734 words. I could become obsessed with word counts. How many words are in a page? Well that depends on a lot of factors. Type size, font, margins, paragraphs, spacing. A manuscript must be submitted double spaced or single spaced? I need to find out I guess. Would be good to know. There is some discussion in the Nanowrimo forum about how many pages it takes to write 50,000 words. What a ridiculous thing to ponder about. It’s 50,000 words whether you choose to fill up a notebook or a computer file. Hmmm, wonder how big a computer file is with 50,000 words in it?
839 words and now I am at the bottom of my page. 10 pt arial font, margins .5 top and bottom, 1″ each side. I just changed the margins to 1″ all around. So now this statement is false. I am working my way down the second page. Looks like I would be looking at only two pages a day if I set my margins this way. I could do that.
Now about the time it takes to do this. I have done this, this morning at work. I’ve been here for 1 ½ hours. But I have been interrupted. I’ve had to answer the phones, talk to the boss, do some filing, call because we have no internet connection this morning, write some checks and make the coffee. Considering all the work I had to do, I would guess I have just spent about 45 minutes of my bosses time writing these 992 words. Hey, I could get paid for this? I think that is cheating. Cheating more way than one. I am cheating my boss. Am I cheating Nanowrimo? Right there in the front of the website there is reference to working on these words while at work. I don’t think I’m the only one doing this. Just hope I’m not the one that gets caught. Any spy software on this network? Hello?
1064 words. This is getting to be obsessive. Thank goodness for Word which has that word count feature. I just found out that I can put the “word count” icon on my tool bar. Now that is really cool because now I just click on that one little icon whenever I need to know. Think of how much time that saves me! 1126 words now. Now I figured out how to change the little icon for word count. I changed it to a button, a button with the image of a coffee cup. Then I edited the icon picture and put a number (#) sign on the cup. My secret word count button. How special!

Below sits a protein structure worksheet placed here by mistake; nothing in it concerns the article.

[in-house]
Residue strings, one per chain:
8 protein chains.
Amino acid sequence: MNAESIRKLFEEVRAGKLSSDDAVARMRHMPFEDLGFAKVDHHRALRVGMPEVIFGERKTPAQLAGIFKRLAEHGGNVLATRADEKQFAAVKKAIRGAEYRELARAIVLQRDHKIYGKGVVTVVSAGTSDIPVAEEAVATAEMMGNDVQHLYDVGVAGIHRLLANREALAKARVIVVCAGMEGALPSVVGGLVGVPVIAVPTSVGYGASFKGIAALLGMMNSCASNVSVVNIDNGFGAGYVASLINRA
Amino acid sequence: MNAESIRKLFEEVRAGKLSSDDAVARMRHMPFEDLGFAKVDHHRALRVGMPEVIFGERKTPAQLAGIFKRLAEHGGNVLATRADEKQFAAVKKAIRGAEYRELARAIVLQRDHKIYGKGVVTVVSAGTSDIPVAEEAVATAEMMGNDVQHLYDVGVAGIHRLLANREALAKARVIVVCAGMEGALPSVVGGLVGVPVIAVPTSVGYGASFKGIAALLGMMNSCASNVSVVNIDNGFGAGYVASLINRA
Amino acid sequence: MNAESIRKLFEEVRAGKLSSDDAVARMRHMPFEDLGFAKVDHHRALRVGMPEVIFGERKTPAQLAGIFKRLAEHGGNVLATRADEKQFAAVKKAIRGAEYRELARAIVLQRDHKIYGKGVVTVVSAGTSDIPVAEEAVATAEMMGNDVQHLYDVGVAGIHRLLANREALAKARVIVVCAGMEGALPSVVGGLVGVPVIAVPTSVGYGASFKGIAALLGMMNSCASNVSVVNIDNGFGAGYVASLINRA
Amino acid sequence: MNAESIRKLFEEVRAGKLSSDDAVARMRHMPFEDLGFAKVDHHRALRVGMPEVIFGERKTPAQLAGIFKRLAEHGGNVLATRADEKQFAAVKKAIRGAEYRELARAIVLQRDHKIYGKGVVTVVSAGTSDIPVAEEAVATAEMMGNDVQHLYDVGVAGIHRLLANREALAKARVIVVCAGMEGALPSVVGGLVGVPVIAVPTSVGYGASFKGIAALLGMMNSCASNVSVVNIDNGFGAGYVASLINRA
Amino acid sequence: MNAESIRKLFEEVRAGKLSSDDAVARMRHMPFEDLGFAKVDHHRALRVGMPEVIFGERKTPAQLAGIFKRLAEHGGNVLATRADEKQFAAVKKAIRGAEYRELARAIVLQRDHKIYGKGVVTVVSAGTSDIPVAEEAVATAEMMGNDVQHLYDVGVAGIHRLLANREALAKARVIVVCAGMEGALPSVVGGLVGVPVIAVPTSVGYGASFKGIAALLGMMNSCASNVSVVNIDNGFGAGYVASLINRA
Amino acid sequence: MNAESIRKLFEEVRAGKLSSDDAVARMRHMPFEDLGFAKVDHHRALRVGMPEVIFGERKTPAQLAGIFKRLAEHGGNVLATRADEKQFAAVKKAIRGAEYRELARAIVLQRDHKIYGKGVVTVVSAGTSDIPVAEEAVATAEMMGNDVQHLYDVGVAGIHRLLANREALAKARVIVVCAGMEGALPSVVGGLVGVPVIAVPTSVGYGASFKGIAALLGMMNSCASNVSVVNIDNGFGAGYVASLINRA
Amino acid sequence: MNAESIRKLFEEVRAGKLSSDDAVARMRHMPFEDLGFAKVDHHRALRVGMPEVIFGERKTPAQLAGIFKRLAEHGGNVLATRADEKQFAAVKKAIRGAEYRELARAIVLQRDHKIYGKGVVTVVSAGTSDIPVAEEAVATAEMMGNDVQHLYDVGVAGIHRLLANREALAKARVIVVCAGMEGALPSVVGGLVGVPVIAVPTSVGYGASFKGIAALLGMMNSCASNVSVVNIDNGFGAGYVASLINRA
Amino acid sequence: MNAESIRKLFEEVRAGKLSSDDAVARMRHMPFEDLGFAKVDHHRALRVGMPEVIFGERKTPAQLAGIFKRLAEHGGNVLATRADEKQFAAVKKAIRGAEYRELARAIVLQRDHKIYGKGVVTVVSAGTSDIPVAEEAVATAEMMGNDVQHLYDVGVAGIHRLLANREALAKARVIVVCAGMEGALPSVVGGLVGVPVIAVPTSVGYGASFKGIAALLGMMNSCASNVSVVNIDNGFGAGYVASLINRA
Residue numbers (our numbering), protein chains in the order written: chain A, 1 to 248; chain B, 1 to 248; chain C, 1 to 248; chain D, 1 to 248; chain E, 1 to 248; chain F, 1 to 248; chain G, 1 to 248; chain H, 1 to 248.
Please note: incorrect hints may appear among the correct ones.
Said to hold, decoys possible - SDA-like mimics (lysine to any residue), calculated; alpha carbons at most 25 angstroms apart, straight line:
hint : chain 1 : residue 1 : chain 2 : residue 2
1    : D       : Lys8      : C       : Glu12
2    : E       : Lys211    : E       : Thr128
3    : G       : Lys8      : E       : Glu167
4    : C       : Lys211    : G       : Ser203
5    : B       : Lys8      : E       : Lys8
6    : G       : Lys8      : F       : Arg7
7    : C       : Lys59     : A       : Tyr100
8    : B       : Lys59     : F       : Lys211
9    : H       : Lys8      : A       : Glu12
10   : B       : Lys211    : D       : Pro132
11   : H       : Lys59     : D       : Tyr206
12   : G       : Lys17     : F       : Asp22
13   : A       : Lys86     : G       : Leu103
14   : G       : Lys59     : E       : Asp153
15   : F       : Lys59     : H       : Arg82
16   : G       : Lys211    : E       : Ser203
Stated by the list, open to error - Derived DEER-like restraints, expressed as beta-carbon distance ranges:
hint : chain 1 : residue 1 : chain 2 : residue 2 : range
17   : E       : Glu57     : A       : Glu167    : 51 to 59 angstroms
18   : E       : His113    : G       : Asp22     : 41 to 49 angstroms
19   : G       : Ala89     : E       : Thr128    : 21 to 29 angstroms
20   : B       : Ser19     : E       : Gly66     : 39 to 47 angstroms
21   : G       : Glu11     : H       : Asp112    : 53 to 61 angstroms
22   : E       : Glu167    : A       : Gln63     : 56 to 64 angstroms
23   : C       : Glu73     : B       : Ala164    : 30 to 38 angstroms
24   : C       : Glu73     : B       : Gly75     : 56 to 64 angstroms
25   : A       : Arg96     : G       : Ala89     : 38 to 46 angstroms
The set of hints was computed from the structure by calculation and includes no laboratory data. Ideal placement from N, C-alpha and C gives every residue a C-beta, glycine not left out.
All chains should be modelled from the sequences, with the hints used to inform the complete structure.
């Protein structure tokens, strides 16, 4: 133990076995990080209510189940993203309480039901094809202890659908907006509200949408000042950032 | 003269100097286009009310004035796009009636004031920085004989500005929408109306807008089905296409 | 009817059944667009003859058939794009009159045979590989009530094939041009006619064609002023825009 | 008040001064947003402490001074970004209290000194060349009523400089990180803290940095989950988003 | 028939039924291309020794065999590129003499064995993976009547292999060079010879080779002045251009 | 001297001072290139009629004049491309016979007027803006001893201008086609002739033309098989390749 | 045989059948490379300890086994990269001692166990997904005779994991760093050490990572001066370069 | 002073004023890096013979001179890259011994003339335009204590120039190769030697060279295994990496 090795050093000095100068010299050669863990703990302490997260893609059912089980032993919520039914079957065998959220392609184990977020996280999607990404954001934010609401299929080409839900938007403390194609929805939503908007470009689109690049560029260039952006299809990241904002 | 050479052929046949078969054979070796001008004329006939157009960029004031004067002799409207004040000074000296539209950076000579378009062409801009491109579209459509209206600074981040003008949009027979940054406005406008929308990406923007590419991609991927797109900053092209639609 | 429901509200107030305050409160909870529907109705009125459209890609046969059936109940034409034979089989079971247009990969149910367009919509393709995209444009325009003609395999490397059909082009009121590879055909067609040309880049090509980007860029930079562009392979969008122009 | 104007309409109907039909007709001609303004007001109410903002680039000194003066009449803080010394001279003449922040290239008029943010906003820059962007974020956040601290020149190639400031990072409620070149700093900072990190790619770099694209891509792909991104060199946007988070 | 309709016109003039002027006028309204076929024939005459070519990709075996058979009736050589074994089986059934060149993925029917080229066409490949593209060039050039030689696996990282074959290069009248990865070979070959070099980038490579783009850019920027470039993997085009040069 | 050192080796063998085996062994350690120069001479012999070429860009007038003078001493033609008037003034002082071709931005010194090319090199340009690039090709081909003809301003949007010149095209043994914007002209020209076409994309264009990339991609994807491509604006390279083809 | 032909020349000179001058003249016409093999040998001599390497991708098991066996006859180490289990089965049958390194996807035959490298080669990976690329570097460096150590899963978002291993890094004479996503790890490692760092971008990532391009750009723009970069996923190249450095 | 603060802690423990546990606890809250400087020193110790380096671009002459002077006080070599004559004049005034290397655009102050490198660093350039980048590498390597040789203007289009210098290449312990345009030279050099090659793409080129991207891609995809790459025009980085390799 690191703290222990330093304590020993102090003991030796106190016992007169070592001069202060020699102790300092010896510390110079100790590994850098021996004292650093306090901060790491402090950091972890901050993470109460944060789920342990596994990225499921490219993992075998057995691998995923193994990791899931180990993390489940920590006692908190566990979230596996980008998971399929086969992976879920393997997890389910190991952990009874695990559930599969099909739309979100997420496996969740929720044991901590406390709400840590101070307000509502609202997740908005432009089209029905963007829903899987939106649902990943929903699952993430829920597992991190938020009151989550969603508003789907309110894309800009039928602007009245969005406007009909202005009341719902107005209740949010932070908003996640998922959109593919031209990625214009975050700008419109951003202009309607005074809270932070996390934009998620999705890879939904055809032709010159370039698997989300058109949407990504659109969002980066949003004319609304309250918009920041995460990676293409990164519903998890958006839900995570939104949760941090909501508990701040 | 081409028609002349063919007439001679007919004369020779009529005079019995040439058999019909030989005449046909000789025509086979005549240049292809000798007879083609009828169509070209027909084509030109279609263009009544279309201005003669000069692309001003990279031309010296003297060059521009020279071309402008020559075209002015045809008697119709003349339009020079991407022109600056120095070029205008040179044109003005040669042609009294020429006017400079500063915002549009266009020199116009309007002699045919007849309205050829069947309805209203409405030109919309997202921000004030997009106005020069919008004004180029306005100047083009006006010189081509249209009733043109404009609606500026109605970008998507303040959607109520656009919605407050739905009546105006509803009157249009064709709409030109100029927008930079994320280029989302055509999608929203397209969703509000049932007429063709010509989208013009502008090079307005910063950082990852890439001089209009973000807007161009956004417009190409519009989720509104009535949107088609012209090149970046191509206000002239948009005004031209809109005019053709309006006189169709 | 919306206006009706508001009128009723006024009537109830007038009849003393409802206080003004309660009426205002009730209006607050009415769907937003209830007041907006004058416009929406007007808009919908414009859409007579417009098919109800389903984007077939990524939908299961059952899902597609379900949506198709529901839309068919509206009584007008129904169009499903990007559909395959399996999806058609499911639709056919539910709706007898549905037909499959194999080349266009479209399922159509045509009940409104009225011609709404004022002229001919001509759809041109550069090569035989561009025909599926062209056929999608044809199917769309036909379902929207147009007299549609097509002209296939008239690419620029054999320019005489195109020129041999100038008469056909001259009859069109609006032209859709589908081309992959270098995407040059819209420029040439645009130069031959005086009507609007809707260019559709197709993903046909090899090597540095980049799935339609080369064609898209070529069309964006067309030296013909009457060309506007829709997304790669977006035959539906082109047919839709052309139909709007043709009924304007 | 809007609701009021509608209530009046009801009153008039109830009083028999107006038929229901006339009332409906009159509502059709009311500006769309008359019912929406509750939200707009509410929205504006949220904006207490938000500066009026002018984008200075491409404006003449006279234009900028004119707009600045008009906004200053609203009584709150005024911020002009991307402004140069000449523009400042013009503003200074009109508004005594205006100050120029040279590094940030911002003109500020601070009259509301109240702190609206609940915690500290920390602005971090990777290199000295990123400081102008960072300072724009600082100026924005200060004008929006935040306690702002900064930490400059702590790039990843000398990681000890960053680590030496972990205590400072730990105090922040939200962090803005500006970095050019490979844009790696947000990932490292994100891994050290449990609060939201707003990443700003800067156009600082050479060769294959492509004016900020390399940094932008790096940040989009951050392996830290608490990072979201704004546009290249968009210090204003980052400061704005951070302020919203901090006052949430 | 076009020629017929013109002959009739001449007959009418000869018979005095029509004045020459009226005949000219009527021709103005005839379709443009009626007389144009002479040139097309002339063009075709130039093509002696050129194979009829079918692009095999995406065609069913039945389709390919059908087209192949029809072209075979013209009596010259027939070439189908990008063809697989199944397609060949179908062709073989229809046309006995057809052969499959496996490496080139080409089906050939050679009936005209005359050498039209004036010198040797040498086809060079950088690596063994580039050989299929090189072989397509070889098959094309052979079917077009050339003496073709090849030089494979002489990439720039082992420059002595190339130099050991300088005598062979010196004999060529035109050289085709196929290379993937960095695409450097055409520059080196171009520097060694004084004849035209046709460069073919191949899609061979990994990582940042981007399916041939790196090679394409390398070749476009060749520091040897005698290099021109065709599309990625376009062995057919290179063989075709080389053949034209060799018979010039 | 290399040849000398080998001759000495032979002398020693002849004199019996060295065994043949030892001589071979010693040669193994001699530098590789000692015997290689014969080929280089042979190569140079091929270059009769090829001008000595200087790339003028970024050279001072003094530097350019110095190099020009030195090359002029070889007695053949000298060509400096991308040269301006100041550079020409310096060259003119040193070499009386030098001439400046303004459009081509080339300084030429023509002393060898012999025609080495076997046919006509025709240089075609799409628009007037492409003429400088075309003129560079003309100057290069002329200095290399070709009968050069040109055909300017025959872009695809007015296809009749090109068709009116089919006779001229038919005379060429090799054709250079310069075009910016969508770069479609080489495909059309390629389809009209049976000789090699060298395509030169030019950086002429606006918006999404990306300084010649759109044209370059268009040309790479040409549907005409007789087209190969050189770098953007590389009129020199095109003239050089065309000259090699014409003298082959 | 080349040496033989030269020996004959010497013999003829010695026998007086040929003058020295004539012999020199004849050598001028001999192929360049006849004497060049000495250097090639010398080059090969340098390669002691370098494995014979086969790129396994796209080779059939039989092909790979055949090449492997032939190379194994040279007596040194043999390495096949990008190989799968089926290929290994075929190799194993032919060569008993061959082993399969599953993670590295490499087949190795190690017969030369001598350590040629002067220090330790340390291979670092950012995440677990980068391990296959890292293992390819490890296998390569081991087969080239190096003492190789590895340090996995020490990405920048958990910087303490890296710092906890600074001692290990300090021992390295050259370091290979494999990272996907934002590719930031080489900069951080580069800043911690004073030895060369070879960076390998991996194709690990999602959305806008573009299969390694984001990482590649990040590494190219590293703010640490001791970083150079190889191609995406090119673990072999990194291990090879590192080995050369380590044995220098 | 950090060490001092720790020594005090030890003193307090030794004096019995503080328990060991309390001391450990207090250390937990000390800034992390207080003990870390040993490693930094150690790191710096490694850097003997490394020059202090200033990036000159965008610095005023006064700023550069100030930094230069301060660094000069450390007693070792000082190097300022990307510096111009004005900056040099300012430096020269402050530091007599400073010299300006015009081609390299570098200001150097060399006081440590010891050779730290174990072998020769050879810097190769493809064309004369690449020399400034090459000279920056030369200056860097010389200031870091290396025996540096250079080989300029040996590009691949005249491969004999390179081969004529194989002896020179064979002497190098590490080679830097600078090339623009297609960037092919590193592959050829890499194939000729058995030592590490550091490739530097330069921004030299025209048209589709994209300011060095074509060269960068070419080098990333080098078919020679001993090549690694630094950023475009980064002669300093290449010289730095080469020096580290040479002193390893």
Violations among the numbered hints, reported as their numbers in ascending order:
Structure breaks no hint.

Can I really do this? It will take discipline, “stick-to-it-iveness,” something I have had problems with before. I get an idea, work up a genuine enthusiasm, start off with a bang, gradually run out of interest and come to a screeching halt. Unfinished projects fill a trunk in my apartment already. Unfinished projects abound in my computer hard drive. I need an incentive. Not money. Not fame. Just a reason why I should complete this project. It could be just for the experience of following through, just finishing something I started. Perhaps I need to tell other people what I am doing. Get encouragement and backup. Would they allow me to venture into this project and not be curious as to what I write for this endeavor? I don’t need a critique on my shoulder telling me I am full of self-indulgence that is a complete waste of time. Eric thinks it’s a good idea. But he’ll probably beg to read it. One thing there though at least he is always willing to let me do what I think I need to do. And he realizes that I get into these fantasies and just goes along for the ride. Plus it will give him that extra hour a day (if that is how long this takes and if I work on this in my own time at home) to sit around and play his video poker game.
Speaking of Eric, he is off to Cache Creek today. At least I think he is. He asked me this morning if he could borrow my car and go there. I chastised him. He didn’t sleep well. How can he be safe on the road. In my normal mode, I just kind of ignored the problem, didn’t give him a direct answer but as I walked out the door to go to work I said, “good thing this is the day I don’t come home for lunch that way I won’t know where you are.” Is that permission to use the car, go gambling, and ignore the issue all in one sentence?
1528 words. Near the bottom of page two and less than 150 words to go. Could fit that into one paragraph I’d say. Therefore it would be less than two pages a day to write. Now why couldn’t I possibly keep that commitment? This is seeming more and more likely to be an accomplishment that I can do. So now the question is back to what will my topic be. What will the story line be. I need to start outlining it I think. It must be something that will keep my interest. Something that I can relate to. Something I have knowledge about. Something that will make some sense. Something worth the space on my harddrive. What the heck, that’s what delete keys are for. Just a few more words and I’ll be at that remarkable number that must be accomplished each day – oops I went over – one thousand six hundred eighty three words.